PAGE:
40 Years, 40 Bands!!
The year was 1976. In the UK, the summer was the hottest on record, 22 days straight at 28° or more. The average house price was £12,704, and petrol was 77p per gallon. Abba, Queen & Rod Stewart were topping the charts, “The Song Remains the Same”, the feature film of Led Zeppelin’s Madison Square concert, was in cinemas and The Sex Pistols were bringing Anarchy to the UK, shocking the nation.
On Kings Road, that defiance of authority & expression of counter culture angst found its centre at Vivian Westwood & Malcolm McLaren’s clothes shop, SEX, known for fetish & bondage wear and as a hangout for punks including Johnny Rotten & Glen Matlock. However, not that far away at 606 Kings Road, a different kind of scene was burgeoning in a tiny basement (capacity 30 people) underneath Christopher Wray’s Lighting Emporium. Taken over in October of 1976 by a new owner, a musician named Steve Rubie, the 606 Club was about to take Steve on the ride of his life.
While the 606 Club, at that time a tiny after hours hangout for musicians that didn’t open until 10:30 at night, hadn’t attracted the same kind of worldwide media attention that the punks were getting down the street, it would in time prove to be more durable and produce more great music and musicians than anyone could have foreseen.
Steve, who had trained as a dentist, was by then a young (very young!) working professional musician as well as a Classical flute student at Trinity College of Music & running a live music venue wasn’t something that had crossed his mind. But in the great tradition of best laid plans, what was at first a job turned into a career and forty years later, with Steve still at the helm, the Club continues to go from strength to strength presenting live music of the highest calibre seven nights a week. The 606’s evolution from post-gig, late night jam session to venue didn’t happen all at once. Steve recalls that the requirement to present “live music and dancing” seven nights a week was something of an accident, a condition of obtaining a licence to sell alcohol (to that point, the Club was the 1970’s version of “bring your own”). When the Club started putting on its own gigs, musicians were paid £5 a performance (food & drink was free), and the rent, payable in cash to Chris Wray himself, was £5 a week.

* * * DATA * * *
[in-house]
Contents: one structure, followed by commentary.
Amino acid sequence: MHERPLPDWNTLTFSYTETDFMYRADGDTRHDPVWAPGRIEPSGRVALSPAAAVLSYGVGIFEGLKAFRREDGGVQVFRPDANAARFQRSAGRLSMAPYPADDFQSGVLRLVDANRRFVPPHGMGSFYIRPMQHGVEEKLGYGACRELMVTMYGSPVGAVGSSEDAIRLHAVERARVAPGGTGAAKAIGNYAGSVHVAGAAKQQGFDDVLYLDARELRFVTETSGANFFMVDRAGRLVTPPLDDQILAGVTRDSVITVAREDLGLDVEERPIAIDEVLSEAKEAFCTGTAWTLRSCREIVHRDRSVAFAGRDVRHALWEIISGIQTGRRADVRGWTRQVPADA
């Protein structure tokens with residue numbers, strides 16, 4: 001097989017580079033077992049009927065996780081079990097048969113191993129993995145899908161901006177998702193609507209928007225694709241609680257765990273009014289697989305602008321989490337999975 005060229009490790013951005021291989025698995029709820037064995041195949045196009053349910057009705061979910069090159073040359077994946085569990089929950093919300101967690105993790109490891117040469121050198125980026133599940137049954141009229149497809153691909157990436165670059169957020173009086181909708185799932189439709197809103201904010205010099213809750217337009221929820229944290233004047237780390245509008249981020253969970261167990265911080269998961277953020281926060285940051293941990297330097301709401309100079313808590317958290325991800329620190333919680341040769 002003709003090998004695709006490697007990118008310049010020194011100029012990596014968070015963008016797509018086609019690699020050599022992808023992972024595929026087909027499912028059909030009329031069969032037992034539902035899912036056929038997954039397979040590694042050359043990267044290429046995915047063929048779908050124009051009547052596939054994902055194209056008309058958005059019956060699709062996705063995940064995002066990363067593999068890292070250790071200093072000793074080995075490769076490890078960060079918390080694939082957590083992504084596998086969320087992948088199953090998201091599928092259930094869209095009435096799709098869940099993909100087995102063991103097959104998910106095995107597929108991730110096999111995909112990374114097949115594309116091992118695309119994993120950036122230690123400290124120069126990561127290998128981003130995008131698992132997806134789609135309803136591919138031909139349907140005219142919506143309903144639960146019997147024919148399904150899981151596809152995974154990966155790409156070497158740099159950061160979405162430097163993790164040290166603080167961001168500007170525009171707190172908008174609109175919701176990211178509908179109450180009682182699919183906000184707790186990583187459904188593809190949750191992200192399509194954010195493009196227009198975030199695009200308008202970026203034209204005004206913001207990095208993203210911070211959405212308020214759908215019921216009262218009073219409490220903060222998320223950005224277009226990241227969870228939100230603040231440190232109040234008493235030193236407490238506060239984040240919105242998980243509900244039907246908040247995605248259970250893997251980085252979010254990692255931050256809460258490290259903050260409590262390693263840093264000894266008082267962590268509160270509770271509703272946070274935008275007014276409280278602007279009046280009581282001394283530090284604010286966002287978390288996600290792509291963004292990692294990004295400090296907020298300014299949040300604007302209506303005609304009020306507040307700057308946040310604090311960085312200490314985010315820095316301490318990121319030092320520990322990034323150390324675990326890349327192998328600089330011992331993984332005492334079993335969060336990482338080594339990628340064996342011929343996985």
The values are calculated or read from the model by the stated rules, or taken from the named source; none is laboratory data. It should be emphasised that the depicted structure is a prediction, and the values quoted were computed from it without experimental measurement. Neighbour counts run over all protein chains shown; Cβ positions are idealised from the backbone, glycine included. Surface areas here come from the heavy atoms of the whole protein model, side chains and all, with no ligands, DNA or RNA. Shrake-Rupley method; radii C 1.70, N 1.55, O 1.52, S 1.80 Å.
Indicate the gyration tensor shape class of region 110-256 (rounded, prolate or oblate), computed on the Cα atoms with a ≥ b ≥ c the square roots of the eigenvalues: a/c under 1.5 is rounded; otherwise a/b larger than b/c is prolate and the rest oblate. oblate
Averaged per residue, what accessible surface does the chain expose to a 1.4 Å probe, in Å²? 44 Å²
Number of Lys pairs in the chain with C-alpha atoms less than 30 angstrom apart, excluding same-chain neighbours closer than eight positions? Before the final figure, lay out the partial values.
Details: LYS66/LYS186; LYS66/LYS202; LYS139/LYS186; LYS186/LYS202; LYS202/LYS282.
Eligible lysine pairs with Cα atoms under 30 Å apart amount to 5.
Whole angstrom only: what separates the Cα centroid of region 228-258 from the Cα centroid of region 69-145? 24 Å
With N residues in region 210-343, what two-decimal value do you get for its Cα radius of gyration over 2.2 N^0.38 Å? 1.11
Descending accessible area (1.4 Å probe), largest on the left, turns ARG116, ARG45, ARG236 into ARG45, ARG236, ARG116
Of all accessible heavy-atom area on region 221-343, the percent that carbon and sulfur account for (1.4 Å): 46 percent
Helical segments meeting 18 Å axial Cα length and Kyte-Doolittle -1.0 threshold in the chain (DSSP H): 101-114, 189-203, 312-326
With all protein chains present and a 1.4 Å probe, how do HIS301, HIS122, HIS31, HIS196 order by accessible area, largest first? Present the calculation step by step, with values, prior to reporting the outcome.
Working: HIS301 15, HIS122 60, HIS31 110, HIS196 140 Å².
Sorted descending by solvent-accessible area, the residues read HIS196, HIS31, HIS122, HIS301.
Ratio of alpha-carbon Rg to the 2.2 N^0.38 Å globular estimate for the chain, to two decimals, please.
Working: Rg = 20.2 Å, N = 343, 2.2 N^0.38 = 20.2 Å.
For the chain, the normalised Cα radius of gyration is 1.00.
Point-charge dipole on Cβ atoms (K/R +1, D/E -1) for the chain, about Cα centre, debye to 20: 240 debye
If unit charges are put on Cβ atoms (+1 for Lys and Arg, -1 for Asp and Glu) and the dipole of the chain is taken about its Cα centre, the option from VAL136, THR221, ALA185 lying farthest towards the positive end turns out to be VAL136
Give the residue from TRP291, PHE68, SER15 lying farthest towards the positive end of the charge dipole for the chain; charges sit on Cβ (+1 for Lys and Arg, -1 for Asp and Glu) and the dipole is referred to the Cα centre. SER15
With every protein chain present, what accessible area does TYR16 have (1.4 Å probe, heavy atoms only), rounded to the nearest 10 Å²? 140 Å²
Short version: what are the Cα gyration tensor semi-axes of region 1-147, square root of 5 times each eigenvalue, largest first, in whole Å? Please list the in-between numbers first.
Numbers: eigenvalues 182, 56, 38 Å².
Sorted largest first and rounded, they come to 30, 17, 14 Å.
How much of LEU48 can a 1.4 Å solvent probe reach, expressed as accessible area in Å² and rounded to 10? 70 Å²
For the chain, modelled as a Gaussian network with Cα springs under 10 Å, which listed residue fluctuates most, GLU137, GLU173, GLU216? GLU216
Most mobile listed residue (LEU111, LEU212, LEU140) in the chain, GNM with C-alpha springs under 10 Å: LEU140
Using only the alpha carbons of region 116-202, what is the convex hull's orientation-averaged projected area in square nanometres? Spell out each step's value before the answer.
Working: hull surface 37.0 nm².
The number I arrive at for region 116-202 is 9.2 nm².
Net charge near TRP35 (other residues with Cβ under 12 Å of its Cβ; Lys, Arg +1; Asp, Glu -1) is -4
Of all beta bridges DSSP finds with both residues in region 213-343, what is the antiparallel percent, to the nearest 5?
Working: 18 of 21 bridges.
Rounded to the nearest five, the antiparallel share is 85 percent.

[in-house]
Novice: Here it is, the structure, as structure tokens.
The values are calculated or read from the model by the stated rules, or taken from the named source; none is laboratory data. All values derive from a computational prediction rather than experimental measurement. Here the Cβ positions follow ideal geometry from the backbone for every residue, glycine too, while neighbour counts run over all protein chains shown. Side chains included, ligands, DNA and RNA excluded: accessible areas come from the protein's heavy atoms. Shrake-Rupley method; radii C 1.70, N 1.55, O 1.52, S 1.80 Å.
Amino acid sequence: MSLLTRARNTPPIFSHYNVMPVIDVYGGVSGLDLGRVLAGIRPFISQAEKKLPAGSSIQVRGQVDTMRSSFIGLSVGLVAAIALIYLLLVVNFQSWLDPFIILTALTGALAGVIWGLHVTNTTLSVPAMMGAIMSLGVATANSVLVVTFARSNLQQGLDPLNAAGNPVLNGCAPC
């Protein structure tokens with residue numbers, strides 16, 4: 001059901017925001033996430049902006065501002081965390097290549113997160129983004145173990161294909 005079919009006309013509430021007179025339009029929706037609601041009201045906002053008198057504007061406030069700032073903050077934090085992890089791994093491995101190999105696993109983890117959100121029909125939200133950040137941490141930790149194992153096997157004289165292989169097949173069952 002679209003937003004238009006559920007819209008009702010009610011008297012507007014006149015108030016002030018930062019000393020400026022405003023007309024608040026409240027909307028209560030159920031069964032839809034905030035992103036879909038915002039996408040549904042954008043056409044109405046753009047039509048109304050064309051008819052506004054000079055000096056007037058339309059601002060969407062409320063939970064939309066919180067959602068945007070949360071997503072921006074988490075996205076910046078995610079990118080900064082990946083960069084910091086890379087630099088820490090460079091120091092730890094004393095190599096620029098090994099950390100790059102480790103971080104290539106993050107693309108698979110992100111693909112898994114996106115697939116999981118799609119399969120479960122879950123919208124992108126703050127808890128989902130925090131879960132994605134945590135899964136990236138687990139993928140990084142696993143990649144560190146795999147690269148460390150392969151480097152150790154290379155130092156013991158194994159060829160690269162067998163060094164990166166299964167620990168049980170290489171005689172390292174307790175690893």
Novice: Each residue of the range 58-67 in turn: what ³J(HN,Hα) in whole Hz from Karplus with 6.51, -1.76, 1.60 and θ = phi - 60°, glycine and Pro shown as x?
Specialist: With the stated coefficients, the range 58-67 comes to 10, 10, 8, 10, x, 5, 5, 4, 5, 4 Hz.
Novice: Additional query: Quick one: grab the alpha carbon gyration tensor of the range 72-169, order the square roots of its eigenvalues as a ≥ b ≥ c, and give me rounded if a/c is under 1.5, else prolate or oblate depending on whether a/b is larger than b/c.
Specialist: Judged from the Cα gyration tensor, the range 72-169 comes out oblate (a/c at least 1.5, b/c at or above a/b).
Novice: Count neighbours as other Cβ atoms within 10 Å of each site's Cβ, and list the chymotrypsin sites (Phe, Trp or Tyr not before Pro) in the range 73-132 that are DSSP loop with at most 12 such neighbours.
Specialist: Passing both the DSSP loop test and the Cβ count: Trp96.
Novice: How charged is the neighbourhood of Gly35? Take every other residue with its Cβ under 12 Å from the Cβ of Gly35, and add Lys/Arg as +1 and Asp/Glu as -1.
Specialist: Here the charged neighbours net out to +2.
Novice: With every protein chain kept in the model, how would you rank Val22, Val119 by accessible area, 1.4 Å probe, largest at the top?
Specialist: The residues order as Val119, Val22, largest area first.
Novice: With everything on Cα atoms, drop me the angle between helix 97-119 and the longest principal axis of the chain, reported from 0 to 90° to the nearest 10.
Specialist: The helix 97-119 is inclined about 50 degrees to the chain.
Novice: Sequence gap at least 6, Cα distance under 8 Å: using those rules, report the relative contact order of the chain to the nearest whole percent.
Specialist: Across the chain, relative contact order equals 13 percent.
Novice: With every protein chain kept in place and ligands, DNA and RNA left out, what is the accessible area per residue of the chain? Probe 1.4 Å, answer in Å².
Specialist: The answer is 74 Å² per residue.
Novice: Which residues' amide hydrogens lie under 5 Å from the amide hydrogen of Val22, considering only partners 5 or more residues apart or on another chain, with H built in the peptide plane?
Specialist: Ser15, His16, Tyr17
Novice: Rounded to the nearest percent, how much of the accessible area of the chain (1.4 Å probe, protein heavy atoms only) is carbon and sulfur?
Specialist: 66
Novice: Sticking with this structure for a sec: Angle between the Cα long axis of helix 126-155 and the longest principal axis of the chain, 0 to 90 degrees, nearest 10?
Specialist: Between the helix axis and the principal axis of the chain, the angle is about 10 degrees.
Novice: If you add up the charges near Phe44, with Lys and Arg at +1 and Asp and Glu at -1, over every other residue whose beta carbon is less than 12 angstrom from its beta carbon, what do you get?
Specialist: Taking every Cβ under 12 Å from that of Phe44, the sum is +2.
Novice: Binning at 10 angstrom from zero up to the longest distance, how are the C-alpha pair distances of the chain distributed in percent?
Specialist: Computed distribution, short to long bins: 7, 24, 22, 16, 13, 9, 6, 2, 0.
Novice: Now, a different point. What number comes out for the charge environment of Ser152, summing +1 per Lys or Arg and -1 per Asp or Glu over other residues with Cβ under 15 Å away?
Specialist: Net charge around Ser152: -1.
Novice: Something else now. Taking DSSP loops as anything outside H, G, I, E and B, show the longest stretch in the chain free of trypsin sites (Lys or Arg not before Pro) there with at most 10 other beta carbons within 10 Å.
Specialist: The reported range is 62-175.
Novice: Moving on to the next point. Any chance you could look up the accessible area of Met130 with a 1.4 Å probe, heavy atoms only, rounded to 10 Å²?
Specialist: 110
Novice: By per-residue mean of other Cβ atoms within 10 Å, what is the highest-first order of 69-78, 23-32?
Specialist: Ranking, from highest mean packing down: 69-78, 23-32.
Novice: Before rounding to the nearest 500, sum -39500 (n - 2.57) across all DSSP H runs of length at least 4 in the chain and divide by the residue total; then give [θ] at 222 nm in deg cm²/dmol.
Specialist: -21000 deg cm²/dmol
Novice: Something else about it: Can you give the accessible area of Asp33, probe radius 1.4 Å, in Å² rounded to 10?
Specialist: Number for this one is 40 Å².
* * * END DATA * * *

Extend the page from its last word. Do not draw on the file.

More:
The musicians who played there in those early days included the likes of Bobby Wellins, Don Weller, Russ Henderson and Alan Leat and then later the likes of young Turks Mornington Lockett, Paul & Jeremy Stacey, Clark Tracey, Laurence Cottle & many others who have become indelibly associated with the best of British jazz.
In the forty years that Steve has owned, booked and managed the 606, much has changed. The venue expanded & moved from its original spot to its present location on Lots Road, a stone’s throw from World’s End Chelsea. The menu has moved on considerably from burgers, spaghetti and stir-fried rice with red beans to the considerably more accomplished and sophisticated menu available now. The 4K sound system, which is constantly being improved and upgraded, provides suitable support for the impressive roster of musicians performing on a regular basis and the staff roster, now totaling almost 30, is a far cry from Steve, one manager and a waitress as it was in the early days.
The 606 is also a destination for visitors from around the world, who love the spirit and the atmosphere. And that is one thing that is very much the same as the original Club, as Steve says: “though things have changed dramatically – different times, different music – the spirit has remained constant”. The 606 is still a place where characters hang out, a safe haven for musicians, a community of like-minded people who come together to enjoy the music.
So what better way to commemorate the 40th year than with over 40 bands over a thirteenday period, in a grand celebratory hurrah? The 606 is all about British-based talent, so we’ve asked a vast array of musicians who are part of the 606 “family” to perform.
The Club celebrates by welcoming :-
606 Club Big Band | Adriano Adewale | Alex Garnett | Anita Wardell | Claire Martin | Dan Reinstein | Dave O’Higgins | Earl Okin | Flo Moore | Gareth Lockrane | Gareth Williams | Giacomo Smith/Smitty’s Big 4 | Gwyneth Herbert | Hamish Stuart | Hattie Whitehead | Iain Ballamy | Ian Shaw | Imaani | Impossible Gentlemen | Jason Rebello | Jeremy Stacey | Jim Mullen | John East | John Parricelli | Julian Joseph | Laurence Cottle | Liane Carroll | Liliana Chachian’s ‘Olumo’ | Mark Lockheart | Mornington Lockett | Natalie Williams | Neil Angilley | Nigel Hitchcock | Nikki Iles | Paul Stacey | Peter Churchill | Peter King | Peter Rubie | Polly Gibbons | Rachel Sutton | RB Funkestra | Samara | Sarah Moule | Soweto Kinch | Sugar Kings | Tommy Blaize Band | Tony O’Malley | Trish Clowes | Wayne Hernandez | Zoe Francis | More special guests to be announced…